Android KitKat said to focus on TV, wearables and lower-end phones


Google(s goog) is likely gearing up to launch Android 4.4 KitKat at some point tomorrow, but before then some interesting new leaks have surfaced via former Wall Street Journal reporter Amir Efrati. Efrati claims to have reviewed a document that Google shared with companies to explain KitKat’s most important new features, and among them is a focus on TV, wearables and low-end phones.

It’s no secret that Android fragmentation is a major issue, and Efrati claims that Google is looking to remedy this by making the next version of Android run better on lower-end devices. According to the document Efrati reviewed, “KitKat ‘optimizes memory use in every major component’ and provides ‘tools to help developers create memory-efficient applications’ for ‘entry-level devices,’ such as those that have 512 megabytes of memory.”

This would make it possible to install the new version of Android on older phones, though there’s still no guarantee that carriers will push the update out.

TV support is getting special attention as well, as KitKat reportedly allows developers to build apps that control switches, televisions and tuners via built-in infrared blasters. We’ve already seen this feature, notably on IR blaster-equipped devices from HTC and Samsung, but they use third-party software to implement television control. Building this support into Android could help create a more unified system, and potentially turn Android devices into the ultimate universal remote control.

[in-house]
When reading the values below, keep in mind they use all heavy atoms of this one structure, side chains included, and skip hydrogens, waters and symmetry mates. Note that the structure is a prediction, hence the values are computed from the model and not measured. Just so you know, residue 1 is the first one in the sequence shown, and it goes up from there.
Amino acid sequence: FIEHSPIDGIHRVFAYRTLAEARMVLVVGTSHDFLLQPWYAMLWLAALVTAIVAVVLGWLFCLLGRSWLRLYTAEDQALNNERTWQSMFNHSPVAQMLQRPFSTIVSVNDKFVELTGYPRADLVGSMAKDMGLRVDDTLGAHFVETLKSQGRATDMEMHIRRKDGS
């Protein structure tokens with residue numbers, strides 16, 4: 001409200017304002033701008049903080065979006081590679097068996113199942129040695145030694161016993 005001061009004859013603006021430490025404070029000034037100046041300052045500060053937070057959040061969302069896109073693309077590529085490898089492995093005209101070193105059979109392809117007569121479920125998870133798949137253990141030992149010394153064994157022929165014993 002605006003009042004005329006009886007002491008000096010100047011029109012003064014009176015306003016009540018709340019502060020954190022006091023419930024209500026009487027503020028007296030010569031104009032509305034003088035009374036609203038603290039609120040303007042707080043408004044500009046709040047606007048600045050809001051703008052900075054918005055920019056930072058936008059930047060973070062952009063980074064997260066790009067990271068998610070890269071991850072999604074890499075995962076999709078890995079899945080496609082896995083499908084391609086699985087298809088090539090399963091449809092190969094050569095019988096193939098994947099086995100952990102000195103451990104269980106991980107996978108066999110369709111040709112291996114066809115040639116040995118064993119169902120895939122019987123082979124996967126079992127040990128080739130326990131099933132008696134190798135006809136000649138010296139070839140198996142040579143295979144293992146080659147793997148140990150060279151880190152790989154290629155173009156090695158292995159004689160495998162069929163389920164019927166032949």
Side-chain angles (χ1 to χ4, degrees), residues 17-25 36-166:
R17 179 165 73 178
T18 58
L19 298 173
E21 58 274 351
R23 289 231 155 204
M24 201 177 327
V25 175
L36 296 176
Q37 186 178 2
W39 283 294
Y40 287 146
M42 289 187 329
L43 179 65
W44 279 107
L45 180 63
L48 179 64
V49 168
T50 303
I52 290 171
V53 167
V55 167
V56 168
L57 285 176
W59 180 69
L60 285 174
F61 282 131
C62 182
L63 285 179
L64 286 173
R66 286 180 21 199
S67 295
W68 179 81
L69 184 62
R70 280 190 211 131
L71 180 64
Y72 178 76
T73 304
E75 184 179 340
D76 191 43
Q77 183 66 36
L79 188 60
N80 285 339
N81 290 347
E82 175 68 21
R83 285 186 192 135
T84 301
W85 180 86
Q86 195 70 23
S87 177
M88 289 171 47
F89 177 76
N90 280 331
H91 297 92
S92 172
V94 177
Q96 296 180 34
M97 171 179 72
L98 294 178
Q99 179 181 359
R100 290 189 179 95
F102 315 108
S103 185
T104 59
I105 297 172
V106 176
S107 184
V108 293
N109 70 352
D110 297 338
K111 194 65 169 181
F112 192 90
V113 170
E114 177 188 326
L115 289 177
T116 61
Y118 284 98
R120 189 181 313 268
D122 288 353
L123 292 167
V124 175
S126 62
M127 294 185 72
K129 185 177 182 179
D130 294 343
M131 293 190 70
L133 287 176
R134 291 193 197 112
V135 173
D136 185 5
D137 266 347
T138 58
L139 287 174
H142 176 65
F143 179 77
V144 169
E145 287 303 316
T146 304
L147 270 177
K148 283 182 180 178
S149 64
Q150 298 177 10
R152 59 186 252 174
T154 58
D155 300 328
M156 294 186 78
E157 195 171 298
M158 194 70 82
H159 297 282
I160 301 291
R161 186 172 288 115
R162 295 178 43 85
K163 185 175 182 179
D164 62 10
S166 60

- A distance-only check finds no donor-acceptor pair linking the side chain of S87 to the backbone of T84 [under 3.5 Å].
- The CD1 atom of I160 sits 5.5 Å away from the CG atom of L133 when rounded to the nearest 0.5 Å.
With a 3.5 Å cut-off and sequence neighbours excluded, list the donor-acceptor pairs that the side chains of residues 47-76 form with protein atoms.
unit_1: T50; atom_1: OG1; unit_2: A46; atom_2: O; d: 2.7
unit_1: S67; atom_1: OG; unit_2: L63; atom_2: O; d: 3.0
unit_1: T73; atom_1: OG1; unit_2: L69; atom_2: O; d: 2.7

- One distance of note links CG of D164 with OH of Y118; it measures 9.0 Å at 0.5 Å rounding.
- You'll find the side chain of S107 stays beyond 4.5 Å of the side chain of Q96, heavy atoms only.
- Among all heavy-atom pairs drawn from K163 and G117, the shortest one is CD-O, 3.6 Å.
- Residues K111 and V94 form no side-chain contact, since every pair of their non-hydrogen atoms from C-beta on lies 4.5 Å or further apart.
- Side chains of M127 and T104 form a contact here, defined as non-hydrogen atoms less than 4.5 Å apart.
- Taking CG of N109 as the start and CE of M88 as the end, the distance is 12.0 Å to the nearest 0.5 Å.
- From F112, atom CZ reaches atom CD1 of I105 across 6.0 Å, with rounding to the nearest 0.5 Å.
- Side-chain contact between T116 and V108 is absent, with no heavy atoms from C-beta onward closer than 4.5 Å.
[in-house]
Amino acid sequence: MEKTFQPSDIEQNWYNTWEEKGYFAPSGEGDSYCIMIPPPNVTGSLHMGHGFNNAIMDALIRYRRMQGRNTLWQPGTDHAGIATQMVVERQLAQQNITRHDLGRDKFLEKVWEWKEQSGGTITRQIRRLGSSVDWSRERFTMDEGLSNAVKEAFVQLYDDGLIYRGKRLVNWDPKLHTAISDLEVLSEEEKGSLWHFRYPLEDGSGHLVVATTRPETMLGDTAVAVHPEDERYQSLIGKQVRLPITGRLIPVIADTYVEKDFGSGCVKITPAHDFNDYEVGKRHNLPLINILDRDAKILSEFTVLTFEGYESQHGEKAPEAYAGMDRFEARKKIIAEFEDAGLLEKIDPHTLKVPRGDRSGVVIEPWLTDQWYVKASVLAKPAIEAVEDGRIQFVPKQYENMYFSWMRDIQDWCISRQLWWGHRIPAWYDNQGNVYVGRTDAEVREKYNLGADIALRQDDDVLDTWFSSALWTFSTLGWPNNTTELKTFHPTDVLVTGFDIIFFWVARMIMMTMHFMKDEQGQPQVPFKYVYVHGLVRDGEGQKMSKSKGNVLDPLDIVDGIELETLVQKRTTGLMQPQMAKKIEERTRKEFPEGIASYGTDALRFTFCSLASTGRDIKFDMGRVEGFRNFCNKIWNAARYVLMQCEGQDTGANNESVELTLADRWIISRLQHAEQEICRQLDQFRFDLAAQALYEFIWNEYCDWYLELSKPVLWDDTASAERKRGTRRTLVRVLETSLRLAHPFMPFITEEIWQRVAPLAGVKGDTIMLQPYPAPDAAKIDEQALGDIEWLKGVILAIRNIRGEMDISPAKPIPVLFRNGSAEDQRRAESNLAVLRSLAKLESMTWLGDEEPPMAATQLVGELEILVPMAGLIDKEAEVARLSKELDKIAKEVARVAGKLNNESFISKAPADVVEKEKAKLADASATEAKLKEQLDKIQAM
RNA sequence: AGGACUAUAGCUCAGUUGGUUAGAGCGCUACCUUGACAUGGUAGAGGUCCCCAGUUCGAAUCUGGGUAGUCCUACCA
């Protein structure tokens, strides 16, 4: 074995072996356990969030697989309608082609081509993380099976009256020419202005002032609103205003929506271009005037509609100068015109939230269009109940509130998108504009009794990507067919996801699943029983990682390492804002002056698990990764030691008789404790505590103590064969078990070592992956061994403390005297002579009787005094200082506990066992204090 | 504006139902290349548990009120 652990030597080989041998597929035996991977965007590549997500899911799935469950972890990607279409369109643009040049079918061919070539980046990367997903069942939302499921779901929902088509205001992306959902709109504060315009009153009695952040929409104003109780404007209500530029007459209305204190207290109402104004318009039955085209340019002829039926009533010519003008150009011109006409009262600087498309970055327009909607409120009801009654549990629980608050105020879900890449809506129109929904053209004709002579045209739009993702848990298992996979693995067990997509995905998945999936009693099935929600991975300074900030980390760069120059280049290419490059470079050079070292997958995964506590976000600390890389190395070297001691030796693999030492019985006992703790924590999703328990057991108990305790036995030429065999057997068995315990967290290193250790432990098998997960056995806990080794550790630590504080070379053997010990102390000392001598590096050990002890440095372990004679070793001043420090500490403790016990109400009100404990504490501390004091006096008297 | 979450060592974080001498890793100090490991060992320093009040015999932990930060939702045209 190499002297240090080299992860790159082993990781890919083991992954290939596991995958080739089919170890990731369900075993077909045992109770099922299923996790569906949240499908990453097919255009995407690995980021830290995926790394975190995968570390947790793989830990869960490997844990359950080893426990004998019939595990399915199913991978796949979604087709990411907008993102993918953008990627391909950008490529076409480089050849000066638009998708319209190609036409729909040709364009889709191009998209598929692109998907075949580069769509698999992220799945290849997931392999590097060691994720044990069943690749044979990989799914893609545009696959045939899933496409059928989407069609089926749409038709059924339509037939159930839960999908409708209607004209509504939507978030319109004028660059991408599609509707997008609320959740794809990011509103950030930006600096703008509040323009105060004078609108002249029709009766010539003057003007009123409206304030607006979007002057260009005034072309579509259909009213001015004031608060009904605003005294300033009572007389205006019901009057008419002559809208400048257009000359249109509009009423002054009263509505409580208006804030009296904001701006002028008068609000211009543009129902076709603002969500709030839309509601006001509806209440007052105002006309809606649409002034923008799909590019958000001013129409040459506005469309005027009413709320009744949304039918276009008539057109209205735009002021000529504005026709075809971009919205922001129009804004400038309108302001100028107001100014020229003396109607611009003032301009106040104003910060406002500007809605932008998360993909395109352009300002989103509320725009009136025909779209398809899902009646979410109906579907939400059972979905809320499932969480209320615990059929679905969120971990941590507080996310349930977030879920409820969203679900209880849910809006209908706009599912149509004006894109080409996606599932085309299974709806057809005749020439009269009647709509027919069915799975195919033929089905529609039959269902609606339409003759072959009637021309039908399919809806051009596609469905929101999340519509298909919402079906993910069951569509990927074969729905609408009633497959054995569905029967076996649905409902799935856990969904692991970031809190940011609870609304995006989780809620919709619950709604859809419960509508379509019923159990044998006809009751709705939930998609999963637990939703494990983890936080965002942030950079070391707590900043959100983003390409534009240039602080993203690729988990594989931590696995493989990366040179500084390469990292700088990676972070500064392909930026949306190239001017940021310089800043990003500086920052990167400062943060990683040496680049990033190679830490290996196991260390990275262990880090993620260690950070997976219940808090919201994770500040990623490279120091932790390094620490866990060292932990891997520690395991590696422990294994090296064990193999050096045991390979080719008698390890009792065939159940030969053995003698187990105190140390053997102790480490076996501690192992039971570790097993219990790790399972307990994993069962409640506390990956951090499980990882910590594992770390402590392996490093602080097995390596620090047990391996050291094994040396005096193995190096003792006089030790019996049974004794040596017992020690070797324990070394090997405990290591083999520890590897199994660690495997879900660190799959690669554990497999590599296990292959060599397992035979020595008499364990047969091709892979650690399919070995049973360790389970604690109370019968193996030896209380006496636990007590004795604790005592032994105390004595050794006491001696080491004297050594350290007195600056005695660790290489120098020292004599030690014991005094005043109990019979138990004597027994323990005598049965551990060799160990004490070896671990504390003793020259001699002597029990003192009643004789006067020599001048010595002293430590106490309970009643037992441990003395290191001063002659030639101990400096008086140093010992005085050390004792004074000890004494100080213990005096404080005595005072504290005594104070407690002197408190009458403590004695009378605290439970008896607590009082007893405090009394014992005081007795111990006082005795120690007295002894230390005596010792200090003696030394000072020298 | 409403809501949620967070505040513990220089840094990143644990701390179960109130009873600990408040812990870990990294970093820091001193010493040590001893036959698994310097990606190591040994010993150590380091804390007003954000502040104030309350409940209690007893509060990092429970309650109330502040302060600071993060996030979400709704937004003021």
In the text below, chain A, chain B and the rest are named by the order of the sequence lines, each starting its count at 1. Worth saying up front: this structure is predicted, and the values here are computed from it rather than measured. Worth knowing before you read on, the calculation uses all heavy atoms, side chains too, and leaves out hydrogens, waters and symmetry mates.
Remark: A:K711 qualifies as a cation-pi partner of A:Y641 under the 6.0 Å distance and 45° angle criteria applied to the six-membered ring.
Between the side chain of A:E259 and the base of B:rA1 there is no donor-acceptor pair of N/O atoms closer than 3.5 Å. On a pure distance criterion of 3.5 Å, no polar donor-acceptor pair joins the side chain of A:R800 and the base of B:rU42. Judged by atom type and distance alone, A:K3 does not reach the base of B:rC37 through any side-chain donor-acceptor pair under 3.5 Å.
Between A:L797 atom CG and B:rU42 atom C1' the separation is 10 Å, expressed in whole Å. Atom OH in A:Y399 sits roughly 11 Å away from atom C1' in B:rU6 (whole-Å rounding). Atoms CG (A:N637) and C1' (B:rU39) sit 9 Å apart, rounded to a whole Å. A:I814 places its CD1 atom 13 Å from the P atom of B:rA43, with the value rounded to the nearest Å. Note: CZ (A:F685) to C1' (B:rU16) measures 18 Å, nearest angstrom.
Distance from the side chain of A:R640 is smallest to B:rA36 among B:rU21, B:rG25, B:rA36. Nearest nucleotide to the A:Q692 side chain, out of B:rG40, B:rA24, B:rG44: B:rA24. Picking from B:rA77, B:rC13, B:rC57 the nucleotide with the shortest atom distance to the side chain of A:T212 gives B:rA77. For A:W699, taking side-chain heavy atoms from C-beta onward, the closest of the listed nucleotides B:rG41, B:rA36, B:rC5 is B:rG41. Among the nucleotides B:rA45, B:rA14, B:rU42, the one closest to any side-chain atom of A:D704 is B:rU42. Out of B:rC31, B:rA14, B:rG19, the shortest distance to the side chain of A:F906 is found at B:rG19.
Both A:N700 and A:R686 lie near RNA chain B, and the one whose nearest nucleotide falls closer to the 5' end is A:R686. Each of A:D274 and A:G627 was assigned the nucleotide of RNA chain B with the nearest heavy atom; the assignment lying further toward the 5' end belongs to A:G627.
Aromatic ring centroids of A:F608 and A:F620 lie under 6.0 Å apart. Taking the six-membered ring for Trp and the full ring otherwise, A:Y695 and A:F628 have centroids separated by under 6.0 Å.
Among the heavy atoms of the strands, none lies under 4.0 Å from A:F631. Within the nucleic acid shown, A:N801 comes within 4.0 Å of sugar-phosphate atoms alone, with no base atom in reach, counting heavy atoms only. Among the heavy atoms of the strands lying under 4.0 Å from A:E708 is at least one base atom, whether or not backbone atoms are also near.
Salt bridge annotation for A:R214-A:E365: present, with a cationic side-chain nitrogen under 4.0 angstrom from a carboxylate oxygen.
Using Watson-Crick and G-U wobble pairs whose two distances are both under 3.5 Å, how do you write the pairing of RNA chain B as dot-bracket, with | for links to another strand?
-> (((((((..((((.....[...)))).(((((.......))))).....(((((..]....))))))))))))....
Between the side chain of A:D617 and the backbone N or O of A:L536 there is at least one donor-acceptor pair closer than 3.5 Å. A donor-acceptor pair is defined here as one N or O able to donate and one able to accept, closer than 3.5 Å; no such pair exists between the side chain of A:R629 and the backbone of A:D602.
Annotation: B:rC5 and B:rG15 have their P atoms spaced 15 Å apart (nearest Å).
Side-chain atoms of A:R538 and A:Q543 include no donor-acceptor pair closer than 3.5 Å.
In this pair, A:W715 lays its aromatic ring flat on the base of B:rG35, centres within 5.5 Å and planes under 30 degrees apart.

And Google might be making a big play for the wearable space as well, with support for three new sensors, including a geomagnetic rotation vector, a step detector and a step counter. This type of support could work specifically with Google’s rumored smartwatch, but also with other future devices to feature these sensors. And as Efrati notes, collecting this type of movement information could help Google improve its walking directions for Google Maps, as well as create new maps for indoor locations.

Also included in the document are mentions of tweaks and improvements to Bluetooth and NFC, and Efrati later revealed more potential new features in a discussion on his Google+ and Twitter pages.

It’ll be interesting to see which of these new features appear in KitKat; I’m hoping for all of them. Either way, we shouldn’t have to wait long to find out.

Comments are closed.